Burnout Will Break Your Heart

[April, 2017]

I felt my calling leave me, like a cold seep.


I’ve taught for over ten years, and I’ve been privileged to teach our most vulnerable students. I say privileged despite the classroom management challenges and the low-achievement challenges. Their joy, openness, and strength have enriched my life in ways that, I suspect, I’m not even aware of. 

I remember vividly the exhilaration of leaving a cubicle and stepping into a classroom. The pride with which I planned and presented lessons. Most of all, I remember that feeling of humble affection I experienced when I looked around the room at irrepressible, beautiful young people. I loved being their teacher.


About a year and a half ago, maybe two, I realized I was in bad shape. Outside of the classroom, I didn’t have much of a life. On weeknights I’d come home exhausted, unable and unwilling to do much more than recover from the ten-hour day. On Saturdays I’d sleep very late, and then go out, trying to cram my resting time, social time, alone time, and (let’s be honest) drinking time into that little window. On Sundays I’d plan for the week ahead. Grading never seemed to get done. It certainly couldn’t get done during the school day.


As I struggled I asked myself, what happened to me?

What happened to the girl who, when faced with nearly 30 English language learners in a half-finished classroom with only 25 chairs and zero resources, could just handle it?


When I taught middle-schoolers in Phoenix, we enforced Sustained Silent Reading. I’d read, too, partly because I wanted to model reading habits for the kids, and partly because reading was a tonic — I enjoyed it, and it gave me a comfortable moment of silence amid the clamor of the classroom. One day a kid who’d habitually fidget and flip pages for the mandated 30 minutes, asked me: “Are you gonna take a test on that book?” “No,” I replied.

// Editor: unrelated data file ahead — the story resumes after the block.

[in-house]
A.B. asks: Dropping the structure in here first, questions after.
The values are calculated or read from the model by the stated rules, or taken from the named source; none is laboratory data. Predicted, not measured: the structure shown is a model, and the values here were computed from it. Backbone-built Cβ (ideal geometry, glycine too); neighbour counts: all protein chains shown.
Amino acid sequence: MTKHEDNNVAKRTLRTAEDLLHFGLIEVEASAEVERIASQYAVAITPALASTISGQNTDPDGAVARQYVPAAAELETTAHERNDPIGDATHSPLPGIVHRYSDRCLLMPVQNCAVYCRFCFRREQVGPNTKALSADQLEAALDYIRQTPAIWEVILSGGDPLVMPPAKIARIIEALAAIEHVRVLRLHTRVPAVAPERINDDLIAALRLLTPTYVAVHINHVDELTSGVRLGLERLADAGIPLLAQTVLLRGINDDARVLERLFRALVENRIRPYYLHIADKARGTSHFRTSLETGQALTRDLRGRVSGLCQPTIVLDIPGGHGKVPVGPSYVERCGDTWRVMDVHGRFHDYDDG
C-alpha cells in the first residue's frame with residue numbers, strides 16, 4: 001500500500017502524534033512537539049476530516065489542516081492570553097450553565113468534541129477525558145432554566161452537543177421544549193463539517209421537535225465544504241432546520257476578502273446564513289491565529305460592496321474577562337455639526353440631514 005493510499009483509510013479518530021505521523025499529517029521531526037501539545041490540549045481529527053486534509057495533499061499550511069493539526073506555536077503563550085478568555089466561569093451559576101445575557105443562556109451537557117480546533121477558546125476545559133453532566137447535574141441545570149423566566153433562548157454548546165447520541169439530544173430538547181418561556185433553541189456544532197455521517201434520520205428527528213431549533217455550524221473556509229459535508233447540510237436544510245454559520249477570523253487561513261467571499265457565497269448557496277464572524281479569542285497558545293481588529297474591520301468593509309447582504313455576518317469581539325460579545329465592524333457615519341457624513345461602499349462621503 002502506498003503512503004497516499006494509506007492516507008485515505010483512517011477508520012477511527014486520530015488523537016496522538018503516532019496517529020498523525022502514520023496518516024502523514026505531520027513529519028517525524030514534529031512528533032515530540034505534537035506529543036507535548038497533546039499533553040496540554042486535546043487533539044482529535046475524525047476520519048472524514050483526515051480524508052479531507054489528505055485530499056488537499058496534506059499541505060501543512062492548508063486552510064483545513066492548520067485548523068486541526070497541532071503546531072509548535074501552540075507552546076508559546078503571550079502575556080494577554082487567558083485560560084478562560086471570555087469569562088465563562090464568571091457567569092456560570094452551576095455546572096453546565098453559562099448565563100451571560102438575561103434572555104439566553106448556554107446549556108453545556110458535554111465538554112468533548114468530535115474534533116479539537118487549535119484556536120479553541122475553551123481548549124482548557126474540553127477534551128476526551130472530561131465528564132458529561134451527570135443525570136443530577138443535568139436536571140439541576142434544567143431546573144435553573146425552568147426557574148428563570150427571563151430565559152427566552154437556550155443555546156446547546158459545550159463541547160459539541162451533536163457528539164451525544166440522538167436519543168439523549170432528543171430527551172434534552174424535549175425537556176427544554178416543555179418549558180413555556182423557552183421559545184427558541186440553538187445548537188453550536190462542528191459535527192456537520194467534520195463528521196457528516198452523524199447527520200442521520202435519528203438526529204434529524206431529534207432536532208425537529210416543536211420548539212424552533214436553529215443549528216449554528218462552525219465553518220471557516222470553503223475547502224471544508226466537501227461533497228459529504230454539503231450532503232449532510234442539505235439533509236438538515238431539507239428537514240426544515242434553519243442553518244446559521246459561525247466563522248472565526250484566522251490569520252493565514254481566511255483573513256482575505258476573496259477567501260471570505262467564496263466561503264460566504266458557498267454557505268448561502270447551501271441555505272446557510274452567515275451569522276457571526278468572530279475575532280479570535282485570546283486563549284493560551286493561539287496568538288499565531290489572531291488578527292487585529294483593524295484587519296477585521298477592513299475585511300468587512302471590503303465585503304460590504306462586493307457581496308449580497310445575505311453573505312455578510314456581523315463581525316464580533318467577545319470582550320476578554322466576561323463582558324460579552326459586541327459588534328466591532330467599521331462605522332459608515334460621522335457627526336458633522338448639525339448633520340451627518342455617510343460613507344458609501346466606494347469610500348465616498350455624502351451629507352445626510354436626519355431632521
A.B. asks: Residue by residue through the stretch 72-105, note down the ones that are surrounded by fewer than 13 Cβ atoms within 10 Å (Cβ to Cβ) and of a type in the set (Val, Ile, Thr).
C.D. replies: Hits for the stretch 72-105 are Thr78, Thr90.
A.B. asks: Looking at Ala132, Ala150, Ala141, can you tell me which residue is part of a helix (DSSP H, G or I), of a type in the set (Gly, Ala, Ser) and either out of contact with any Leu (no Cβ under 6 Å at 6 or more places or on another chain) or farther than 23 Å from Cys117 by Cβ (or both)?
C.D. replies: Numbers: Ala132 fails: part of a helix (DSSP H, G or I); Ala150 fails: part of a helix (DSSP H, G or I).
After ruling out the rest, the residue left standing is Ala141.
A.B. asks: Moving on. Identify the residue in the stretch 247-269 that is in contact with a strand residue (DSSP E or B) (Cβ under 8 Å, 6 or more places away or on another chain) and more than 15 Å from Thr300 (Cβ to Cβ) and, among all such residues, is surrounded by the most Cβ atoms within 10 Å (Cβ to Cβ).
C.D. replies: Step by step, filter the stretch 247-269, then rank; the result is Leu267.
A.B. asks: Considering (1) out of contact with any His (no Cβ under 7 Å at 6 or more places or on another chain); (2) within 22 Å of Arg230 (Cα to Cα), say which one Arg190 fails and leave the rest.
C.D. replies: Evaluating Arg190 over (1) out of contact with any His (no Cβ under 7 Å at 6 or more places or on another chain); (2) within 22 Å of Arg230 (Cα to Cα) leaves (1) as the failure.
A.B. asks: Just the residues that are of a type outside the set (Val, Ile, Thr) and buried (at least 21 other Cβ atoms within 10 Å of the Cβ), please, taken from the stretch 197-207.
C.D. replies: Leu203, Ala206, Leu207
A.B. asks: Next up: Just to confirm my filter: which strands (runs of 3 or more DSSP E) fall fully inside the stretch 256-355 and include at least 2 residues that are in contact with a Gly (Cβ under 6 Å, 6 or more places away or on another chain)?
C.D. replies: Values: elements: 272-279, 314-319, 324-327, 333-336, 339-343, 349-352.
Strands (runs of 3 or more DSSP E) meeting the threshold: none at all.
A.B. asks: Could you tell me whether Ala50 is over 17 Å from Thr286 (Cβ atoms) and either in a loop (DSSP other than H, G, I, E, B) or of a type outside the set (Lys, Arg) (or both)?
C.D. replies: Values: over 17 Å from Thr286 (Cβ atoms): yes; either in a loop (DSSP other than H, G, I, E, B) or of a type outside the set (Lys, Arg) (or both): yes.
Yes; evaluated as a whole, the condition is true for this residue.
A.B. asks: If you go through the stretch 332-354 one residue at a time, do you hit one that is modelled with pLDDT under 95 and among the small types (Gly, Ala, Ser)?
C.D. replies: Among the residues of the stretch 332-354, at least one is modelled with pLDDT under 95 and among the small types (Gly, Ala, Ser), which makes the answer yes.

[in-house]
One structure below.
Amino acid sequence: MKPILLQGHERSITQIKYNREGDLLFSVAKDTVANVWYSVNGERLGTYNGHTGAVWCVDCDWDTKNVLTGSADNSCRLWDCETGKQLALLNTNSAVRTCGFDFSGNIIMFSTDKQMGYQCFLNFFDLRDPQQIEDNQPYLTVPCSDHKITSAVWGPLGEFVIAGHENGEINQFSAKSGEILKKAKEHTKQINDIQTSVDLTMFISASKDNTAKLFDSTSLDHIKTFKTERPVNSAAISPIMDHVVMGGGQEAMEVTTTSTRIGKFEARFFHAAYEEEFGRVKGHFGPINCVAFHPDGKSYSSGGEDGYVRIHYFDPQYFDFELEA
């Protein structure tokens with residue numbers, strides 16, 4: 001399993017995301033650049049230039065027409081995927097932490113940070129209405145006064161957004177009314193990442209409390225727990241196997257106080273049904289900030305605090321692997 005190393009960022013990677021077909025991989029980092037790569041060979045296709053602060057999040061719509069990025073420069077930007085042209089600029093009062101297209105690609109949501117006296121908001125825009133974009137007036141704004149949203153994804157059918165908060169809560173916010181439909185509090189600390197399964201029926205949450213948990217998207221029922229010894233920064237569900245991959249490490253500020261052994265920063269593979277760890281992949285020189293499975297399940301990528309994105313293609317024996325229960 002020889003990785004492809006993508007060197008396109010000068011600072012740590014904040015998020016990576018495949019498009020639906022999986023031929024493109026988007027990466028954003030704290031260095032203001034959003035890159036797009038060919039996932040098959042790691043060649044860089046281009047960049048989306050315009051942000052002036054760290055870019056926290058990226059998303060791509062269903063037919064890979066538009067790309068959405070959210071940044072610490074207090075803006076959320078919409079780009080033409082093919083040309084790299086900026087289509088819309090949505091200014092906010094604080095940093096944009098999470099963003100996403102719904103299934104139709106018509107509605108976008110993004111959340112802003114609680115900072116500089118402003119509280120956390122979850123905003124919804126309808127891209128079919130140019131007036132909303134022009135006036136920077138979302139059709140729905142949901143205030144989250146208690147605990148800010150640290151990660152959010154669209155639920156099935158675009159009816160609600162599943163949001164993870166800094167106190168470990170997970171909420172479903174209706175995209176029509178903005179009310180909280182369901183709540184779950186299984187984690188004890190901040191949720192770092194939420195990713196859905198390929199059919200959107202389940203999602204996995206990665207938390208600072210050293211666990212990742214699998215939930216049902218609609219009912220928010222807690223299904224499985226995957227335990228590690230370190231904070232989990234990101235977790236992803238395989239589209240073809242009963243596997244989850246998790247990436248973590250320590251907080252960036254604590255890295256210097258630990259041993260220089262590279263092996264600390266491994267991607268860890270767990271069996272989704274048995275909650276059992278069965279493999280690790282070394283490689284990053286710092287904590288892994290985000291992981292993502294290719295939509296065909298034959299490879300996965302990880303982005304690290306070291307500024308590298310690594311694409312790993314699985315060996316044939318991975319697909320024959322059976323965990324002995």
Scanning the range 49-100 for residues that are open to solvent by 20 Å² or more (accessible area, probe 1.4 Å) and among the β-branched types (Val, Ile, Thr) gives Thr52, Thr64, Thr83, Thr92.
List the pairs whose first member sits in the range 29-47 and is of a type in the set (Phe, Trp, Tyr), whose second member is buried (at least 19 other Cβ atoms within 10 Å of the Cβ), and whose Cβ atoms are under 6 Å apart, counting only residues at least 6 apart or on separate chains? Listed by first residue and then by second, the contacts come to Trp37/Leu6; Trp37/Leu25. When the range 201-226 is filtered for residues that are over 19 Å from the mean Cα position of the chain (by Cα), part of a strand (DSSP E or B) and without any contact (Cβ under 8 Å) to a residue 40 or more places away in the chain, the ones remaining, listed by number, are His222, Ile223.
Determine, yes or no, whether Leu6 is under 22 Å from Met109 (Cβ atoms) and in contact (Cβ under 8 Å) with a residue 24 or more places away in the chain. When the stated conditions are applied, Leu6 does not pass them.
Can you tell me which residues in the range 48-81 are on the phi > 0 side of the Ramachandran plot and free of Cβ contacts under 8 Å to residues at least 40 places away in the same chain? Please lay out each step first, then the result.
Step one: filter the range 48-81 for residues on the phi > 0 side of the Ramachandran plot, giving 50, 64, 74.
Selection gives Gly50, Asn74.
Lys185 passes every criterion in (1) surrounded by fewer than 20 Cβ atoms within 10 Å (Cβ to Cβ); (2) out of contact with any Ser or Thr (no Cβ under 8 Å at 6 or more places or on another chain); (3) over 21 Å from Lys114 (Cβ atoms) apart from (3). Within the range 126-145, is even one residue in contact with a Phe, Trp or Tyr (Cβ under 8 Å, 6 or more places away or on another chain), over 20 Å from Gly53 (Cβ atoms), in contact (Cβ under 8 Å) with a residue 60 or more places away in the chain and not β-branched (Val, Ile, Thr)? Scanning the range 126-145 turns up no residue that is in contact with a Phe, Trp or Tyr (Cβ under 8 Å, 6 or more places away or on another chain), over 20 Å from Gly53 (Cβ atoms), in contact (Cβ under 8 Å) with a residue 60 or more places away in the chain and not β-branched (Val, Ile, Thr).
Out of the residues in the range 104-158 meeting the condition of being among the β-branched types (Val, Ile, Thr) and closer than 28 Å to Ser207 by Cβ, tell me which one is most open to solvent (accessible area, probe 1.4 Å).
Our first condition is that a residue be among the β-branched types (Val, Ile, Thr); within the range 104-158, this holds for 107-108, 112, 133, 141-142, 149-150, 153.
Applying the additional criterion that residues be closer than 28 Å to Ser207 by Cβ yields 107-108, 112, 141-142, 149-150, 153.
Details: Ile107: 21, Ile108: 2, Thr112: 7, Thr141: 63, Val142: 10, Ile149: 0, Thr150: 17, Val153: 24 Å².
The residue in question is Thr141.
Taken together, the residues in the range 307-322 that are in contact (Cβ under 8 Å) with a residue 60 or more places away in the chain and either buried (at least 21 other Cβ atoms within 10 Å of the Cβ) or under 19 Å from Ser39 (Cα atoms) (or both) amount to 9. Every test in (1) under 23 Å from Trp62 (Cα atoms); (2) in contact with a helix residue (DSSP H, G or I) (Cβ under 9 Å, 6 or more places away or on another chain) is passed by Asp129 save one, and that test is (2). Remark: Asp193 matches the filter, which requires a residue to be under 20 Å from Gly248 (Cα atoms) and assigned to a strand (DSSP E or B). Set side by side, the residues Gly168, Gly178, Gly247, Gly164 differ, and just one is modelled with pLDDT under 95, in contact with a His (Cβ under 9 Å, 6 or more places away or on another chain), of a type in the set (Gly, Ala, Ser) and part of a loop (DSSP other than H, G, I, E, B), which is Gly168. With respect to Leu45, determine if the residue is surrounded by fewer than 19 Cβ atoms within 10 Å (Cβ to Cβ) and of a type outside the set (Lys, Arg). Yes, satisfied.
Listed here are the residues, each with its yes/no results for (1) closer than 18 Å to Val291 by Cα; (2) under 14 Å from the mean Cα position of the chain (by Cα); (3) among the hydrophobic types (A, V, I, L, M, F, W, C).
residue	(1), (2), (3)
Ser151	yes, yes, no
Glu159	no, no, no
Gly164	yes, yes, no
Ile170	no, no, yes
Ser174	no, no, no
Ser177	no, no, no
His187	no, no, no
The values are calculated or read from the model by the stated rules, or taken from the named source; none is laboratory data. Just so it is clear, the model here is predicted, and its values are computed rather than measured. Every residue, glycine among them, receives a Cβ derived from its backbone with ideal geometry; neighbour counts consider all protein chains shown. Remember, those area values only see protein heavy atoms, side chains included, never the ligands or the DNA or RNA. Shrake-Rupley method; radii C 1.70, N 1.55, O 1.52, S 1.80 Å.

“Then why are you reading it?” He was genuinely confused. And my heart cracked a little for the first time.


Last October I learned I had a severe thyroid disorder, asthma, and a sleep disorder — all of which undoubtedly contributed to my feeling of exhaustion. My boyfriend sat me down and told me my job was killing me. I knew he was right. I wasn’t energized by teaching anymore; I was drained by it. I felt like a rusted-out battleship. I felt very, very old.

I knew it was over when I started waking up with one thought in my mind: “OK, let’s get through the day.” When my boss came by one day to give me a talking-to about generating more energy in the classroom, I accepted what I was — what I never wanted to be! A burnt-out teacher. I started revising my résumé that night.


I’d like other new teachers to remember: As you begin to love these students, remember that you’re not teaching their minds, you’re teaching their hearts.

And when you end up (metaphorically) fighting them, understand: You’re not really fighting them.  You’re never fighting them.  You’re fighting the apathy, combativeness, and despair that they have absorbed.